Mission

Wilderness Kids Alexandria provides life-enriching experiences in nature to teenagers from under-resourced families in Alexandria, Virginia.

Values

We set our efforts upon a foundation of seven values that inform everything we do. 

Nature is Home: We are at home in the natural world. Nature nourishes us physically, mentally and spiritually; in turn, we take care of nature. 

 

Equity in Community: Ours is a diverse community that values equity and respectful inclusion.  Equity refers to both fairness and ownership--we each take ownership of our community, and we simultaneously claim the benefits and accept the responsibilities that come with such ownership. We lead and we serve in our communities.

 

Curiosity: What is this tree? What stars will I find in the sky tonight? Which bird is calling now? We seek the answers to these questions not because the answers are inherently important, but because the curiosity, observation, and learning that leads to those answers yields a lifetime love of learning.

 

Quality: How can I build a fire with no match? How can I climb that rock face? How can I best tie a tarp to keep myself dry in the rain? Developing skills is about cultivating an attention to detail, an appreciation for quality. A fire well-built, a rock-face skillfully climbed, or a tarp well constructed translates throughout life to quality and confidence in all of one's efforts.

Mindfulness: Behind everything we see, hear, touch, taste, and smell, there is a blank canvas upon which those sensations are etched. By taking the time to be quiet and slow down, we become better tuned to the worlds around us and within us, and come to the understanding that silence and calm can foster peace in our own lives. 

Gratitude: We are thankful for the people and places in our lives, even in hard times. We take note of how practicing thankfulness can change our perspective on life's ups and downs.

Creative Expression: We express ourselves in innumerable ways--through, art, poetry, prose, photography, music and more. In this way, we find our voice, gain confidence, and learn to share our ideas with the world.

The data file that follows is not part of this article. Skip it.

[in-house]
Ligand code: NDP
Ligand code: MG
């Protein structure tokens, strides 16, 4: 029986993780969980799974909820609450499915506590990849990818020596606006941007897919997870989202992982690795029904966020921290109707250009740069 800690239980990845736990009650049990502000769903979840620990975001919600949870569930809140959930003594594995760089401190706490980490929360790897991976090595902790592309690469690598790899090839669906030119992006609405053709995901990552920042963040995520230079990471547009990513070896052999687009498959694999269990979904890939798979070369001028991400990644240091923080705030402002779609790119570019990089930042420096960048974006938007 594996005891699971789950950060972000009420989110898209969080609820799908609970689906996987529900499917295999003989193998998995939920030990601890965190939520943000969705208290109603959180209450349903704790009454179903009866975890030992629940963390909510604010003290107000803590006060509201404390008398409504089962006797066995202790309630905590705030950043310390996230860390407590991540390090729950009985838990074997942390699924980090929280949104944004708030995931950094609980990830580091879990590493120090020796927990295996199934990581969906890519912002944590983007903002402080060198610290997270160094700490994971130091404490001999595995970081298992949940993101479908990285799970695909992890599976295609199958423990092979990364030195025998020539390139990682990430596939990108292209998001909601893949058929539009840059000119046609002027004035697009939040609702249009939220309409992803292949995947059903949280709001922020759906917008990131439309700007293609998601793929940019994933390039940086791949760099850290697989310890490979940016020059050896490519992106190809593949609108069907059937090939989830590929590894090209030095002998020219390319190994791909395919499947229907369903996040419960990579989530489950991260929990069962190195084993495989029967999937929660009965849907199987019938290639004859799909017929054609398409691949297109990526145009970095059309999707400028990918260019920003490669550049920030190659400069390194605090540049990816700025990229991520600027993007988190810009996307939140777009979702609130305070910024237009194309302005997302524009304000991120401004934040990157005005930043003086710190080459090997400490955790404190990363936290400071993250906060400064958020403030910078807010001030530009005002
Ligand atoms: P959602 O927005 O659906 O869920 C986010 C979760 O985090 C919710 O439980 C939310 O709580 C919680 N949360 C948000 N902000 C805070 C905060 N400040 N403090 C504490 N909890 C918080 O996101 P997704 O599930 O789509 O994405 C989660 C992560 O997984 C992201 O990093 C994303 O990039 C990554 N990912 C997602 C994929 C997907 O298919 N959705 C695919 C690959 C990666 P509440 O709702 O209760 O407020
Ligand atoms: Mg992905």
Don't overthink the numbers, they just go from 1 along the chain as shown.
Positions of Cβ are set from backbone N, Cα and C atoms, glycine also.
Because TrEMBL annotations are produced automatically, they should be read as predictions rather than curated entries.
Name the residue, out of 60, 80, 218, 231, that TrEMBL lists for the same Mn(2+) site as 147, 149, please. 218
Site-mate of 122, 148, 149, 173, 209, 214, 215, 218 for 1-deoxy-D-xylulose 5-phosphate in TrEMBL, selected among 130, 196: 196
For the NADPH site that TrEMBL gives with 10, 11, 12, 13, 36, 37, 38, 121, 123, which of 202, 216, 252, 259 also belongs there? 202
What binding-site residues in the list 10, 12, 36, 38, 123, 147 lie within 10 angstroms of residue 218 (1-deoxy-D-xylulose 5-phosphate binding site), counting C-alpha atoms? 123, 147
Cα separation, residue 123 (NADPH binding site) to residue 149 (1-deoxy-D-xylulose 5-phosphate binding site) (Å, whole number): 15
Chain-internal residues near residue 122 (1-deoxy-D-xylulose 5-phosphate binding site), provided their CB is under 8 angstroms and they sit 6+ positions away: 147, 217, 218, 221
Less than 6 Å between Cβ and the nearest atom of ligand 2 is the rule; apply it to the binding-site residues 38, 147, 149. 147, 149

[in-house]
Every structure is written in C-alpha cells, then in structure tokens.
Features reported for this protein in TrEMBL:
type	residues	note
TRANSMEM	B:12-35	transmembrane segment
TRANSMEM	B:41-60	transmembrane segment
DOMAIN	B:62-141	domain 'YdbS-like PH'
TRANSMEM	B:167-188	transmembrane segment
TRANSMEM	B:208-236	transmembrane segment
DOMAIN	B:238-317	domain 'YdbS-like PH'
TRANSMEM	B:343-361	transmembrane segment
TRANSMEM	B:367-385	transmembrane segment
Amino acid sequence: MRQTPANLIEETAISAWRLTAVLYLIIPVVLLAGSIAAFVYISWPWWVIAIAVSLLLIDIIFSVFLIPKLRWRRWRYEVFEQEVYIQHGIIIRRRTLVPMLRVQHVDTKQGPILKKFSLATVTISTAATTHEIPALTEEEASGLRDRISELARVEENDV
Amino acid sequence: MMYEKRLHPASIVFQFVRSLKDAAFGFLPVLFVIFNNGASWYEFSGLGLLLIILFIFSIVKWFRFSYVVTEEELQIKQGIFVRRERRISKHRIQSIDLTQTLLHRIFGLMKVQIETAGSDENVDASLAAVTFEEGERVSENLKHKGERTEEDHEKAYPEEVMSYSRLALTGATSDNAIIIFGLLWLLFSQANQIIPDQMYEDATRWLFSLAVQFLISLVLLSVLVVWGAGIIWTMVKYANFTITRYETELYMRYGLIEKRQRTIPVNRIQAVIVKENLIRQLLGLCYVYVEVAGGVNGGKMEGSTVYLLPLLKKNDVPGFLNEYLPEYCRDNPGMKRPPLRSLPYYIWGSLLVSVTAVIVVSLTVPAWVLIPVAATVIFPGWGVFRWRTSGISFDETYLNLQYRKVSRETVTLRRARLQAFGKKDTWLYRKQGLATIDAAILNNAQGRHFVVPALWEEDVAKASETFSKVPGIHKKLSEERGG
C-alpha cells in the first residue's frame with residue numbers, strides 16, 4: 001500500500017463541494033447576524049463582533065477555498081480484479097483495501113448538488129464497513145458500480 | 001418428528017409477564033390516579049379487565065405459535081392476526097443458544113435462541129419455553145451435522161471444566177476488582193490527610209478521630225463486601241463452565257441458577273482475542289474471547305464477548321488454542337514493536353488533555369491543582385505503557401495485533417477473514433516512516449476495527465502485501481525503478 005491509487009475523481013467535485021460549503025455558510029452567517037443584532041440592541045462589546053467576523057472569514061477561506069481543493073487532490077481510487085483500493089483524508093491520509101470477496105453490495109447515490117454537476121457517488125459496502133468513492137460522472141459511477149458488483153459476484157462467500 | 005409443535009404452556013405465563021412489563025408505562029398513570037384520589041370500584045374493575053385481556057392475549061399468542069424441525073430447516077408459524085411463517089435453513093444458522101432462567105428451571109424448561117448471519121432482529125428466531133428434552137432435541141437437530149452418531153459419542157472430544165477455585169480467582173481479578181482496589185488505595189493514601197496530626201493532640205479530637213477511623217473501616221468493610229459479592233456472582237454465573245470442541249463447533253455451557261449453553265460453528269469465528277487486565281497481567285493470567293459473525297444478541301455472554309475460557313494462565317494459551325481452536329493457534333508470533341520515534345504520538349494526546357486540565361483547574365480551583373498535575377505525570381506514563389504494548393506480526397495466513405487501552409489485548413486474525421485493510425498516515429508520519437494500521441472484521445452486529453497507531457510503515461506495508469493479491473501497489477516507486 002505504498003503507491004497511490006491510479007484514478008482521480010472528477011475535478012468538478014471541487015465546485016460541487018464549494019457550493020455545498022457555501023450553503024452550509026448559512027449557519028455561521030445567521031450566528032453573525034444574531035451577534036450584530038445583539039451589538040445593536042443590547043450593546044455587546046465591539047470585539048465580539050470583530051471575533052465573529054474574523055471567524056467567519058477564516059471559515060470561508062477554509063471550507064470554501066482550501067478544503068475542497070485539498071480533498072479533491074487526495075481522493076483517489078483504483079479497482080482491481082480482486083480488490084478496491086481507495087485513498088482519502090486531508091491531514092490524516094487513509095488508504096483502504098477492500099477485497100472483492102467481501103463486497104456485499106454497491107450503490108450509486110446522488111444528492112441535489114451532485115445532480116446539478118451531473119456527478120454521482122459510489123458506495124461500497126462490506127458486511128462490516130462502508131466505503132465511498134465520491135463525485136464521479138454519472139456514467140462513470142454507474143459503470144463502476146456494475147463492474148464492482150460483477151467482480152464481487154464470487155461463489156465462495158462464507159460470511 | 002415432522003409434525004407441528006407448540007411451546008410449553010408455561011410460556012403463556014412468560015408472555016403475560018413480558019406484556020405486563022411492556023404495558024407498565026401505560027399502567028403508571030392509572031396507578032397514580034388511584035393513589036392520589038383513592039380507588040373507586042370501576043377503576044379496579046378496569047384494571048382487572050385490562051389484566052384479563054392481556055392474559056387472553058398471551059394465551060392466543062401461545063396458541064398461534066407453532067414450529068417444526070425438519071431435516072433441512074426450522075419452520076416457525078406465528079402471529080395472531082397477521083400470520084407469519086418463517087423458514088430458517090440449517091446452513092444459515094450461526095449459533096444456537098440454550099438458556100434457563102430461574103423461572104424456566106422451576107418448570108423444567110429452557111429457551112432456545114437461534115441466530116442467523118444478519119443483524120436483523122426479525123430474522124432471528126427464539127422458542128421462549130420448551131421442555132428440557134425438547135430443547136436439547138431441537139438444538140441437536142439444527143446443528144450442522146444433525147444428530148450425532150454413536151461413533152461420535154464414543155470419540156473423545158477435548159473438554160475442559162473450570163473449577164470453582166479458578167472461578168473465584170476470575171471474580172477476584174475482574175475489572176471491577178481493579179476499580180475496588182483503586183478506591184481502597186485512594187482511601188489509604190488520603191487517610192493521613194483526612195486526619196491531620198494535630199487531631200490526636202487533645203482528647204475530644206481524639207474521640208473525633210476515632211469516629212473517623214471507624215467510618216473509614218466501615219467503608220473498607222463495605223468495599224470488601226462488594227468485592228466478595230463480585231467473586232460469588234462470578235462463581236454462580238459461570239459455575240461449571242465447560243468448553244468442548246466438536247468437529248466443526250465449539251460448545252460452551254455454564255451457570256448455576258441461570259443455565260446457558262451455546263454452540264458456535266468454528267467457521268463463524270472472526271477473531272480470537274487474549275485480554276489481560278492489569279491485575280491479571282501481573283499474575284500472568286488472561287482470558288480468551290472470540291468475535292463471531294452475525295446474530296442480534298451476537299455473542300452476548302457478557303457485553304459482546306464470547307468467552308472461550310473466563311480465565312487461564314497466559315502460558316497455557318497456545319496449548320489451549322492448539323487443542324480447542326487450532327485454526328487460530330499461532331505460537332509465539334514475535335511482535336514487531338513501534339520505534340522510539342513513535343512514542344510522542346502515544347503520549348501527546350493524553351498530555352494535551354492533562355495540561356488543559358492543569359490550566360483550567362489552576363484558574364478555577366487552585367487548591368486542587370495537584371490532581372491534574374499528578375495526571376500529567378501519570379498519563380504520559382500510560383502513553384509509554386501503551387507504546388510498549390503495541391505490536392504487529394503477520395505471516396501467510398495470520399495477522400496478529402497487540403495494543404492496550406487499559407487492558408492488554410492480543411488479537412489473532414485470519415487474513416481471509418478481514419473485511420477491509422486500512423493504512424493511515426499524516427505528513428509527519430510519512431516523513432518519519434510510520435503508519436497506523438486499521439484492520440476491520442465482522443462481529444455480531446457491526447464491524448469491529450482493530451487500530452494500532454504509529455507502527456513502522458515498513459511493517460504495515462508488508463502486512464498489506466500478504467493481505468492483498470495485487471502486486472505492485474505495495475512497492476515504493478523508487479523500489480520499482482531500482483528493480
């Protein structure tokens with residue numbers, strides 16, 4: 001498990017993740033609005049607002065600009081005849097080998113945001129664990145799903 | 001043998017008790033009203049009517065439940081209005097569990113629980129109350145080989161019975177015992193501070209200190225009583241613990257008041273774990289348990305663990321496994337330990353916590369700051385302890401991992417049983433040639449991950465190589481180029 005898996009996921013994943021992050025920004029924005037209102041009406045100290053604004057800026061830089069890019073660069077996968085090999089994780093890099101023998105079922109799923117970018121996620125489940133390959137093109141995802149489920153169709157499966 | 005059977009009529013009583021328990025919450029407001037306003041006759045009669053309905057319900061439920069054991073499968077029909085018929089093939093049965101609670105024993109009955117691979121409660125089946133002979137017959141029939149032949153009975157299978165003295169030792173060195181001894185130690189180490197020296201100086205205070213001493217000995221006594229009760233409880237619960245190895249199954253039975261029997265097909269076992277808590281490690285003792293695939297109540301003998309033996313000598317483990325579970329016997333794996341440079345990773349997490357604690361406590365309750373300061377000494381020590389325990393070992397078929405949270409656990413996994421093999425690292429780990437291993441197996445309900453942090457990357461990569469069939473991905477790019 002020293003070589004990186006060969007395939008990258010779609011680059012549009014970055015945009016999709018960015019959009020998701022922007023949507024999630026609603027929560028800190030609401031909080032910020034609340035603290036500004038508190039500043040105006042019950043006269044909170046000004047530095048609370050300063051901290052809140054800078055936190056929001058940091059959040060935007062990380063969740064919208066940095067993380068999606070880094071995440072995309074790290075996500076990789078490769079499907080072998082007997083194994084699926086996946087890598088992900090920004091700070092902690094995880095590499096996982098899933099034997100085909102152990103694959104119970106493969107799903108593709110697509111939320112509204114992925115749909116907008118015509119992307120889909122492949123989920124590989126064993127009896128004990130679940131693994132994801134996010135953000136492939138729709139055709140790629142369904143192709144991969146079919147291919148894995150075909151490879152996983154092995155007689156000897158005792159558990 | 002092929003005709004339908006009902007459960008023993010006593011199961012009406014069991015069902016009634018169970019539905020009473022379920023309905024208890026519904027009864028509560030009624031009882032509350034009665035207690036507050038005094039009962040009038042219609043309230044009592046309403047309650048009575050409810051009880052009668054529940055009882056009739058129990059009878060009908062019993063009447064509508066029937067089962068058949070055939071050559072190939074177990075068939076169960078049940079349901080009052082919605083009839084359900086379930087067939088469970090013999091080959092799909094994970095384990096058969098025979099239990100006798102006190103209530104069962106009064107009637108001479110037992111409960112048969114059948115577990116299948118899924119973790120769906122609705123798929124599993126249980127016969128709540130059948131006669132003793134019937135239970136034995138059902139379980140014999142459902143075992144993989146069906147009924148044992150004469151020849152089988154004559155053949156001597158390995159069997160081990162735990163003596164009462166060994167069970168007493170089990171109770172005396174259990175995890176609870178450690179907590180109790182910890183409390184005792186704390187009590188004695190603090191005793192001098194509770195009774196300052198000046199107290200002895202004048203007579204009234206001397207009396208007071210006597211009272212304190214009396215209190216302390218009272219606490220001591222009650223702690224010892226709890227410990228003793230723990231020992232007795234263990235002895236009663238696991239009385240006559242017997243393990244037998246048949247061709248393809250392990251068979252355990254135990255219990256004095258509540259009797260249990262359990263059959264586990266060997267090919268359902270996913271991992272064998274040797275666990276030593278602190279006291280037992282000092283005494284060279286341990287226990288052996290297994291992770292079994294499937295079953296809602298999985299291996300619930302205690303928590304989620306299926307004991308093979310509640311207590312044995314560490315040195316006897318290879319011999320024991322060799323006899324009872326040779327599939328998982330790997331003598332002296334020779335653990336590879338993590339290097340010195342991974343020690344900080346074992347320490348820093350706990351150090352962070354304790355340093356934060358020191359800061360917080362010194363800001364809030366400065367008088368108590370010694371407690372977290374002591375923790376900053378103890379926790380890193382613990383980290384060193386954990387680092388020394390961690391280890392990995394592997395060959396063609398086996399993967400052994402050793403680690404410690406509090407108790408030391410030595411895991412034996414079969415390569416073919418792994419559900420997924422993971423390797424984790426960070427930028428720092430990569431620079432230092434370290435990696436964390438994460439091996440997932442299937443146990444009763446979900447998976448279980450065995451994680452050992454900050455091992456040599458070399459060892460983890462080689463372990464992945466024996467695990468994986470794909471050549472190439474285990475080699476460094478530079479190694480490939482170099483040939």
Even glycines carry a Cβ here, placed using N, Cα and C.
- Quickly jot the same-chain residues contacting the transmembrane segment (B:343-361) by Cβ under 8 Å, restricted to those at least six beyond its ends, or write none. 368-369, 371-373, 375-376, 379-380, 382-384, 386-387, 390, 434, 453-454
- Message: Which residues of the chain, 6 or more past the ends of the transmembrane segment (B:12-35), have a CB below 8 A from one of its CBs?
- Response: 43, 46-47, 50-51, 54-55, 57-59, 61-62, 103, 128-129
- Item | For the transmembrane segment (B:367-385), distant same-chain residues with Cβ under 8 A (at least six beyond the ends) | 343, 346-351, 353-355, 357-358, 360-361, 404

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Big Dipper at Sherando Lake July 2022.jpeg

Challenges Facing

Alexandria's Youth

In June 2021, the Alexandria Health Department and the Partnership for a Healthier Alexandria released the results of a study prioritizing health needs in the City. The group defined 10 priority areas and, among those, 3 urgent priorities - poverty, housing, and mental health. 

 

A primary strategy to solve the mental health crises is to "expand access to free and low-cost physical activity." At our most basic level, WKA is doing this work by getting kids into nature and instilling in them a passion for hiking, paddling, climbing, and other outdoor activities that will serve their mental and physical health for a lifetime.

The City also developed a "Children & Youth Master Plan 2025." A key priority of that plan is to build "Developmental Assets," which the CYMP further defines as four items: Support, Empowerment, Constructive Use of Time, and Boundaries & Expectations. 

 

WKA helps build 

Developmental Assets

 

  1. We build a supportive community of adults and youth who share their skills, knowledge, and wisdom with  one another.

  2. We empower our students with new ideas, new skills, new ways of being in the world, all in the context of a diverse, equitable and inclusive community.

  3. We create incredibly constructive uses of time. During their WKA outings, students get exercise and fresh air, they get time to unwind and experience quiet, they use time to learn new skills, overcome fears, and rise to challenges. They build friendships and community that are independent of phones, screens, and tech.

  4. Finally, being outdoors, in community, requires each of us to understand our boundaries and our expectations. We expect students to behave respectfully and safely. Students learn boundaries by learning what is safe and what is unsafe in rock climbing or kayaking, what is appropriate and not in Leave No Trace camping, and what is respectful and what is not in group conversation.

What the Research Says:
Nature's good for us and we don't get enough of it.

The City of Alexandria is not alone in recognizing the value of physical activity for young people and, specifically, the power of time in nature to improve physical and mental health. The Children & Nature Network reports "On average, today’s kids spend up to 44 hours per week in front of a screen, and less than 10 minutes a day playing outdoors. And for too many kids, access to nature is determined by race, income, ability and postal code."

Here are the findings of just one study among many that support the work that WKA does. The study focused on week long programs and, of course, WKA is offering afternoon programs, day long programs and multi-week summer programs. We hope for and expect similar results:

Week-long wilderness-based program promotes developmental assets for under-resourced urban youth


"A group of under-resourced urban youth, after participating in a week-long wilderness program, reported significantly improved internal and external assets. The greatest improvements were in the areas of positive identity, use of time, and learning. The positive outcomes persisted over time and applied across gender and race/ethnicity. The program combined nature-based experiences with positive, caring adult relationships."

-Norton & Watt, 2014. Exploring the impact of a wilderness-based positive youth development program for urban youth. Access study.